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Tokalon to Court?

California wine icon Robert Mondavi and Andrew Beckstoffer, one of Napa's biggest grapegrowers and the largest vineyard owner in Rutherford, are involved in a messy battle of dueling lawsuits that's reminiscent of an episode from the TV series Falcon Crest.

The brouhaha began on November 5, when Mondavi's lawyers filed a lawsuit against a vintner named Fred Schrader (formerly of Colgin-Schrader Cellars) for mislabeling, as Mondavi sees it, a wine made from grapes that Schrader bought from Beckstoffer. Those grapes were from 89 acres that Beckstoffer owns within the 659-acre Tokalon Vineyard, one of Napa's oldest and most historic vineyards.

The Mondavi complaint is that Schrader, at Beckstoffer's urging, labeled his 2000 Cabernet Sauvignon "Beckstoffer Original To Kalon Vineyard." About 300 cases of the $75 wine were released in October. Mondavi owns 550 acres of the vineyard and has several copyrights on the word "Tokalon" (which Mondavi spells as two words, "To Kalon"). The lawsuit, filed in U.S. District Court of Northern California, charges Schrader with trademark infringement, and demands that Schrader stop using "To Kalon" and "surrender immediately for destruction" all products, labels and other materials bearing the To Kalon name.

"Our attorneys say [Schrader] can't use 'To Kalon' on his front label because it's trademarked," explains Mondavi spokesperson Sandra Timpson. Schrader says he had no idea the Mondavis would object to his label. Beckstoffer, whom Mondavi is not suing ("We can't sue Andy because Andy doesn't have a wine," Timpson says), was shocked to learn of Mondavi's action. He has agreed to help Schrader pay his legal bills.

Beckstoffer says his part-ownership of Tokalon gives him the "right to the fair use" of the name. The original Tokalon, planted in 1868, consisted, according to records, of 359 acres. Part of Beckstoffer's rebuttal is that the Mondavis, in a "misrepresentation," have planted or incorporate at least 190 new acres into the historic old Tokalon, and that Beckstoffer's 89 acres are contained in the original part.

The spat took a new twist on Dec. 16, when Beckstoffer and Schrader jointly filed a counter-suit against Robert Mondavi Winery. The duo charge Mondavi with "fraudulently" using the term "To-Kalon" because "Mondavi...has acquired approximately 300 acres of additional land...that was never part of the historic To-Kalon Vineyard." Their lawsuit seeks cancellation of Mondavi's trademark.

Beckstoffer says he and Schrader "will go to court and try to get this thing over with as quietly and quickly as we can." Nevertheless, trademark laws, according to a noted wine industry lawyer, are tough to beat or overturn in court.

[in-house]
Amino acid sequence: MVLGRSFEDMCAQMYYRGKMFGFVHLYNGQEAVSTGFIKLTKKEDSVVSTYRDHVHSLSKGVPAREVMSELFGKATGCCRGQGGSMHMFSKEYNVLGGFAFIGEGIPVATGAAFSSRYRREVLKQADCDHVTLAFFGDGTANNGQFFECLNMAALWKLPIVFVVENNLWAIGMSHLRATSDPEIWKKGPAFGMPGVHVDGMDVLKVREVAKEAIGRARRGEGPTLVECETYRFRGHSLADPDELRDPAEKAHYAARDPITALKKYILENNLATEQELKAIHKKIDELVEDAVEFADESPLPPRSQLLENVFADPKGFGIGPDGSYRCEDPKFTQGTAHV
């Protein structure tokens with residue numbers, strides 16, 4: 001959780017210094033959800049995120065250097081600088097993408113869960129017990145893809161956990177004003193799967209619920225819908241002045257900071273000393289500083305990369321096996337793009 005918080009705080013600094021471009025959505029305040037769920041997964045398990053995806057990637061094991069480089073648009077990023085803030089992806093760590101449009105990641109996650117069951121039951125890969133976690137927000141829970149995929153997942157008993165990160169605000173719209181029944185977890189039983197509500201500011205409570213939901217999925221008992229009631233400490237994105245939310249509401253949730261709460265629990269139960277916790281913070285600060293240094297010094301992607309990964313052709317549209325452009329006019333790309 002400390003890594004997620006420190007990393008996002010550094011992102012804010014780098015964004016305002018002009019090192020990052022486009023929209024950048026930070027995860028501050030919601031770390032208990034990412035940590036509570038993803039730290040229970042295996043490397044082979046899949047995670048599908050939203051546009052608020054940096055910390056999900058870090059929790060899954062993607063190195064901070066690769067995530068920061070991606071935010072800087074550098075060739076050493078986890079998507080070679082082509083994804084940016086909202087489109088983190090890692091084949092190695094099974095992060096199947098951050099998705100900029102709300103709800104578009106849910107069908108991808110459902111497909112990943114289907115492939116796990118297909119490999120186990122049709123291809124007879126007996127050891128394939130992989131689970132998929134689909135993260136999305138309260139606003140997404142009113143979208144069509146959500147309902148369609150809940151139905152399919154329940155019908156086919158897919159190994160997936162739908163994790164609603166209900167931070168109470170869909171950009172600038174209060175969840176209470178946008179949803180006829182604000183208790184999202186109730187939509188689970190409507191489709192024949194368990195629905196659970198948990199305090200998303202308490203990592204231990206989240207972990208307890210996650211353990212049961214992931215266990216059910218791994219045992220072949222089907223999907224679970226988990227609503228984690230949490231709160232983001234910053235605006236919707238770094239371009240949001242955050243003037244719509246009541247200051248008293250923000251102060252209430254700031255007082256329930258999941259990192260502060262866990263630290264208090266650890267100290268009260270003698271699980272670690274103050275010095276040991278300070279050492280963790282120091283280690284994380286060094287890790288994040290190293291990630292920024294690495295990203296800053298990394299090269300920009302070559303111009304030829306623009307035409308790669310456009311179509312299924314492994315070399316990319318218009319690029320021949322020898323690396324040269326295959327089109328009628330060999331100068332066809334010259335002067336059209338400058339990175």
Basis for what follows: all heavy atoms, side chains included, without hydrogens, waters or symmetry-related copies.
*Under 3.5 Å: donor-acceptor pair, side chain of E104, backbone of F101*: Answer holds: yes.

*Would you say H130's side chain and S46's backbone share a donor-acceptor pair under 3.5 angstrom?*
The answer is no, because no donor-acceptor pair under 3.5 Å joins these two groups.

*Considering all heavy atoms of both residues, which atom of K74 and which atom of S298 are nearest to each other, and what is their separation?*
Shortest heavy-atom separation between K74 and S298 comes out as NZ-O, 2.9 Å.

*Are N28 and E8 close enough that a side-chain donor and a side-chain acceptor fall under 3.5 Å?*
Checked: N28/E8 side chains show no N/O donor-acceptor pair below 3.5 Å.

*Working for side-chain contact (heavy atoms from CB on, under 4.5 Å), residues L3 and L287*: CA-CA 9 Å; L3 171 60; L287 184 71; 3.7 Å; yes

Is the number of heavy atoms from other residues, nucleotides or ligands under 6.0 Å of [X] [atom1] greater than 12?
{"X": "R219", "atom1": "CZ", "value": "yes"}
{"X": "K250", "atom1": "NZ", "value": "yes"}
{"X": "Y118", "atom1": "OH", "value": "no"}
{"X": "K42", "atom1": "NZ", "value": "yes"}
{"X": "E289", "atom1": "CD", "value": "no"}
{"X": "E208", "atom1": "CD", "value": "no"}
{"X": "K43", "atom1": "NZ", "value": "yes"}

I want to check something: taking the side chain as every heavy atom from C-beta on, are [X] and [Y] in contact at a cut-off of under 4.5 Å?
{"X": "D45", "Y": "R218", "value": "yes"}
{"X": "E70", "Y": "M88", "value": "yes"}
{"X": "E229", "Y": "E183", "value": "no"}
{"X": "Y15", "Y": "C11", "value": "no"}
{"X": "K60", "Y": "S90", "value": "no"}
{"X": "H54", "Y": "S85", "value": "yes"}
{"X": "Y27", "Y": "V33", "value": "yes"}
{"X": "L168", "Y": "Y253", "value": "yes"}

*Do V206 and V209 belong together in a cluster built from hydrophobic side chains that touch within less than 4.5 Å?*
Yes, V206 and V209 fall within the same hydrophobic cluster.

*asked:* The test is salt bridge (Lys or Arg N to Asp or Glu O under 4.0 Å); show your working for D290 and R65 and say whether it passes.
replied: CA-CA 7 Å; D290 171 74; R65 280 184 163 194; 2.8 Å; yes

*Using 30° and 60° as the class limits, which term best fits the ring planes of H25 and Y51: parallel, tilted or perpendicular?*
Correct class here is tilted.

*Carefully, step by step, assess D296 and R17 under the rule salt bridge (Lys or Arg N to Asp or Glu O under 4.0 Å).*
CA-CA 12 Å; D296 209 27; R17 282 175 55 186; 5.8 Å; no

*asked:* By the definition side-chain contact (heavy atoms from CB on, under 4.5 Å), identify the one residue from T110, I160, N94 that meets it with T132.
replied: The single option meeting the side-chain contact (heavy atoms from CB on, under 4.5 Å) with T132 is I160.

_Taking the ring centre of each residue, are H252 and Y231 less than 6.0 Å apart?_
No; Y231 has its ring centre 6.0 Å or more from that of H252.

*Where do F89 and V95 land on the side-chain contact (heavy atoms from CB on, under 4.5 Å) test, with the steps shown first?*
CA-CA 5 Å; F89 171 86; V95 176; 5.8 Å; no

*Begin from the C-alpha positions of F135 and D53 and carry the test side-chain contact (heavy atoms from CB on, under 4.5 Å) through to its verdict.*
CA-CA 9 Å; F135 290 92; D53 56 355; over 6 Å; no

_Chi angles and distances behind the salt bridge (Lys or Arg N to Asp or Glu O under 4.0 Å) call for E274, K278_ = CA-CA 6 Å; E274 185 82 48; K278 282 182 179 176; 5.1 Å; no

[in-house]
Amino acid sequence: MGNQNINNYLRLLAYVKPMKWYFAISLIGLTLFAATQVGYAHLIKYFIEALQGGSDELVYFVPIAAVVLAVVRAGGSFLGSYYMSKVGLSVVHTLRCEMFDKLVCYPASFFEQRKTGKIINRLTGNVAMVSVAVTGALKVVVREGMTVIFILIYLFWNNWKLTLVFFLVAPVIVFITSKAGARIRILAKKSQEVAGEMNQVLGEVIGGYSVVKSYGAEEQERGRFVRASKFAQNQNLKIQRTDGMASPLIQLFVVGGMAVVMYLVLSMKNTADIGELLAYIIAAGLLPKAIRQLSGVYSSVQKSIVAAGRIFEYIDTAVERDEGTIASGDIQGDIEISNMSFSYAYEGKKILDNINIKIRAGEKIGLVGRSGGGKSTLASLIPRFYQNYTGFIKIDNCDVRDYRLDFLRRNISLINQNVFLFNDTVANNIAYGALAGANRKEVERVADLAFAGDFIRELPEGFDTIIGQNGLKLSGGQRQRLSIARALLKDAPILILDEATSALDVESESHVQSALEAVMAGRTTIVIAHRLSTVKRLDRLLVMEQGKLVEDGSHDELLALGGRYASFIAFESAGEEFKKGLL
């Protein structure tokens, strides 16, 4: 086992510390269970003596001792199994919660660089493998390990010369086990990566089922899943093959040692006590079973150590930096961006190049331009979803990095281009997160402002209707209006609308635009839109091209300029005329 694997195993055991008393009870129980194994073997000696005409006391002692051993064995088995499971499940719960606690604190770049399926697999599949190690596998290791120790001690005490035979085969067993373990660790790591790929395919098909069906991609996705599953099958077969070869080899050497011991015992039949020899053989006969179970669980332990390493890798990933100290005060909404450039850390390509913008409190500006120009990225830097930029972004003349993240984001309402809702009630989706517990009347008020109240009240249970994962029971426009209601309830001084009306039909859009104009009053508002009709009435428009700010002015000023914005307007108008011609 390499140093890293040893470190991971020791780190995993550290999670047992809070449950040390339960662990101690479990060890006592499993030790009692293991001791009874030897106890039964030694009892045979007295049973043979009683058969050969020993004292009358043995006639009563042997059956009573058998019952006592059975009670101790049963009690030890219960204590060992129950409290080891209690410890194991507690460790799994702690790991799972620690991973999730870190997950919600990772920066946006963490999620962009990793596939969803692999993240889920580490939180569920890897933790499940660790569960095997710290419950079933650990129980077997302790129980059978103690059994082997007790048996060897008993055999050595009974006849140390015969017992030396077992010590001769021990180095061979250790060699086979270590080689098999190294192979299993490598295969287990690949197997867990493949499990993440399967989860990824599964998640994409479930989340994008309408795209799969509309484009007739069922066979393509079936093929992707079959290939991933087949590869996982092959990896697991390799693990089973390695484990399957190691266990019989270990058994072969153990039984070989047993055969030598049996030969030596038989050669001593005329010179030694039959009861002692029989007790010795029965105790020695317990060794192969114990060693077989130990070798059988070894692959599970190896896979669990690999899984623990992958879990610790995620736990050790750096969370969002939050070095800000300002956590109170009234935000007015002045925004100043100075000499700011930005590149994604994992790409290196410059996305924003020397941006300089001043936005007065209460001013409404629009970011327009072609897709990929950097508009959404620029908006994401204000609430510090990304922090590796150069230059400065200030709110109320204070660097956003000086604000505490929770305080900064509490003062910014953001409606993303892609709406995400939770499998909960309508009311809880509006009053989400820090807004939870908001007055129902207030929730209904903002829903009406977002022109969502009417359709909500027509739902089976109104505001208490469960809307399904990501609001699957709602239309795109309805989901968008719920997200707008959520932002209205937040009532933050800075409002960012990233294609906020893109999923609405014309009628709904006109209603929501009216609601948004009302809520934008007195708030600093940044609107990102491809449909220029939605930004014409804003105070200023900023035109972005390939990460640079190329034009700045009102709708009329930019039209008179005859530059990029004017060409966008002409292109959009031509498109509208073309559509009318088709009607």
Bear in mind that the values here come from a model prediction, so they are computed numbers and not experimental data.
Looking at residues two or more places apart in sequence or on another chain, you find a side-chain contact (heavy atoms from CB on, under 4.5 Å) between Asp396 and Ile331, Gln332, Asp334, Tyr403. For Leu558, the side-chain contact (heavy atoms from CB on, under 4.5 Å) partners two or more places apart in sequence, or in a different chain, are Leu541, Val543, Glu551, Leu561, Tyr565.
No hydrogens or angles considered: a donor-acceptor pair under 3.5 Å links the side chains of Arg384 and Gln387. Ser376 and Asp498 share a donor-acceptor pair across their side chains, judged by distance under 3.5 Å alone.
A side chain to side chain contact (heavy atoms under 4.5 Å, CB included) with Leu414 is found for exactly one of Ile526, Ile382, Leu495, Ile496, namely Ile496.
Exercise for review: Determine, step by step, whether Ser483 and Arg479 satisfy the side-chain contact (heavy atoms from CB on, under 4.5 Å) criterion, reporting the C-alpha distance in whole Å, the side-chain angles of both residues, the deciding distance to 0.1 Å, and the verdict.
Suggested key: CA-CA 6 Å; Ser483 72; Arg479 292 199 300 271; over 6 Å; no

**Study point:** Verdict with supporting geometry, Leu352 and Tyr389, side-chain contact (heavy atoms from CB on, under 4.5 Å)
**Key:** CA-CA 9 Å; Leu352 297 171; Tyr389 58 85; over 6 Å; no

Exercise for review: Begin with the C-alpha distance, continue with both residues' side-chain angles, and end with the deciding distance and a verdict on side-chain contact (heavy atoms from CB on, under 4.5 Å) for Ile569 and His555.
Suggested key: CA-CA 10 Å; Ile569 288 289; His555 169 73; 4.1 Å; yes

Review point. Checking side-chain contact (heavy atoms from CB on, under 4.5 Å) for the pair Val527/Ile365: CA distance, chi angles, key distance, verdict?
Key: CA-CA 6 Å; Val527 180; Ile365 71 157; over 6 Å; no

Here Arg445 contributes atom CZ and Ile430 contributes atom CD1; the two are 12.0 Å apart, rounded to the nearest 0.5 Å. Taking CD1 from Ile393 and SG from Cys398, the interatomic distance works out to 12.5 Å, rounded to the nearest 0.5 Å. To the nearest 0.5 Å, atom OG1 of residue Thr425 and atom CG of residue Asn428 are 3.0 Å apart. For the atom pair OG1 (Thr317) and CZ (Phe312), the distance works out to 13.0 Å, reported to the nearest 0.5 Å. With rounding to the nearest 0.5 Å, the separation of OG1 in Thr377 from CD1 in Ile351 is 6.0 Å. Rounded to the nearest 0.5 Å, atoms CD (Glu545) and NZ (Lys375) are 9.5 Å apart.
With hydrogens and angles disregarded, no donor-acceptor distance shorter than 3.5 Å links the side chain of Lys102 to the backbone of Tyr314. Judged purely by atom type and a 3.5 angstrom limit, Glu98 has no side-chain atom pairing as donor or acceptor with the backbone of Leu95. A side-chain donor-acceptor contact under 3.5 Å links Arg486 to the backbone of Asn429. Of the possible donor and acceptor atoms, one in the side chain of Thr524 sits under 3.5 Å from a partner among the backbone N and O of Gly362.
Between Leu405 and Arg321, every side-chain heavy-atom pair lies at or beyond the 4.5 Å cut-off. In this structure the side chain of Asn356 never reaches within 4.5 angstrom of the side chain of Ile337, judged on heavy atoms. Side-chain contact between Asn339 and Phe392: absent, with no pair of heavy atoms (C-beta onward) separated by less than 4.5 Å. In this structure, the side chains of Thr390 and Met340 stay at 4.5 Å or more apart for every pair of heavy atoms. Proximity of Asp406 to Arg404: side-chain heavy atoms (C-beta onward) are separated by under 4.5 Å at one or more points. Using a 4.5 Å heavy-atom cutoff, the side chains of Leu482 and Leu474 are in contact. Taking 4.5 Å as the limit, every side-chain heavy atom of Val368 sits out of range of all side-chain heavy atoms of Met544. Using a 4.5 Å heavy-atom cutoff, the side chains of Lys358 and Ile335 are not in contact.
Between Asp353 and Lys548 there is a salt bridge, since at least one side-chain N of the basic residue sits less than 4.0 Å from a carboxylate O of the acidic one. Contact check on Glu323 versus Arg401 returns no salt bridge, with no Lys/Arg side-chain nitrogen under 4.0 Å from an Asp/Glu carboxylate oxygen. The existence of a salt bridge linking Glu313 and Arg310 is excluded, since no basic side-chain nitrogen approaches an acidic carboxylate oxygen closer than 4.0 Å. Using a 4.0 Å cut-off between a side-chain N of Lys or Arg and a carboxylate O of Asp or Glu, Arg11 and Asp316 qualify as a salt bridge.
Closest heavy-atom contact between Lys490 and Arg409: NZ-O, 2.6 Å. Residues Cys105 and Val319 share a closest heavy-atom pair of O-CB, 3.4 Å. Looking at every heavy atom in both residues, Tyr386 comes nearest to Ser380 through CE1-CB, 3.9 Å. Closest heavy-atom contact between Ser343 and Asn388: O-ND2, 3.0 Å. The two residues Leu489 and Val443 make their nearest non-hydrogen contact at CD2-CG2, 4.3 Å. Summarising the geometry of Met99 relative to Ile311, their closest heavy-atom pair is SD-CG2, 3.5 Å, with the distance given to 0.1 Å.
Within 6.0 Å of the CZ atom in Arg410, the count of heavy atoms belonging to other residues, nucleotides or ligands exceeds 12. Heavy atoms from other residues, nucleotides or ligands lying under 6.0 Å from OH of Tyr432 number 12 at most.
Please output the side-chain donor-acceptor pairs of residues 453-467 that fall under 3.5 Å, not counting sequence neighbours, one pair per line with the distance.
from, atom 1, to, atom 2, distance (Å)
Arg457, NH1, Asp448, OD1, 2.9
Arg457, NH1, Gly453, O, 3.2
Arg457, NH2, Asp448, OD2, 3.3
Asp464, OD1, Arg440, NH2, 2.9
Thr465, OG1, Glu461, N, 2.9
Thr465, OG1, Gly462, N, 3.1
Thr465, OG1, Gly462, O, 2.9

—Steve Heimoff

 

 

 

Burgundy's Top Vintner Teams Up With Napa Grower

In a move reminiscent of Robert Mondavi and the late Baron Philippe de Rothschild's historic Opus One partnership, another famous French winemaker has arrived in Napa Valley. This time, it's Aubert de Villaine, a co-owner of Burgundy's renowned Domaine de la Romanée-Conti. He has teamed up with his American cousin by marriage, Larry Hyde, who grows grapes on 150 acres in the Napa portion of Carneros for such well-known winemakers as Paul Hobbs, David Ramey, Mia Klein, Joseph Phelps, Michael Havens and Patz and Hall.

"For years, Aubert asked me why I don't make my own wine," Hyde said during a recent tasting of the duo's two new wines—a 2000 Chardonnay and a 2000 Merlot-Cabernet blend—bottled under their HdV label. "It was a point of pride for him."

Hyde's first cousin, Pamela Fairbanks, has been married to de Villaine for 30 years, which is also how long the Napa grower has been farming grapes. "Aubert couldn't imagine that we wouldn't make our own wine," Hyde recalled. "Finally he said to me, 'I'll help you do it.' "

However, the project has not been without its challenges. "Aubert is fussier than anyone else I grow grapes for," Hyde said appreciatively.

The two men spent several years deciding what varietals they would make. Because de Villaine makes what may be the most famous and priciest Pinot Noir in the world, they decided to steer clear of that grape. "We didn't want to lead off with Pinot Noir and invite the obvious comparison," Hyde said.

HdV Chardonnay (94 points, $45) is lush yet bright and refreshing, and makes a fine debut for the label. The Merlot- Cabernet Sauvignon (93 points, $65) is 65 percent Merlot. It, too, is brimming with ripe flavors and finesse—a testament to the fact that fine Merlot and Cabernet can be grown in the cooler Carneros district just north of San Francisco Bay. A third wine, a 2001 Syrah still in barrels, also shows great potential.

While de Villaine is overseeing winemaking, in the last year he has hired a 28-year-old Burgundian named Stephane Vivier to run daily operations. Vivier replaced the project's original on-site winemaker, Jean-Laurent Vacheron, who was also from Burgundy. Vivier has lived in California since 1999 and worked as assistant winemaker at Hartford Court, a winery in the Russian River Valley known for its Pinot Noirs.

Making wine in Napa Valley offers de Villaine the opportunity to work with consistently ripe grapes, year after year—something most Frenchmen can only dream of. For Hyde, the benefits are also great. "I've known Aubert for many years," he said. "But this is like having a new teacher with new ideas."

—Jeff Morgan

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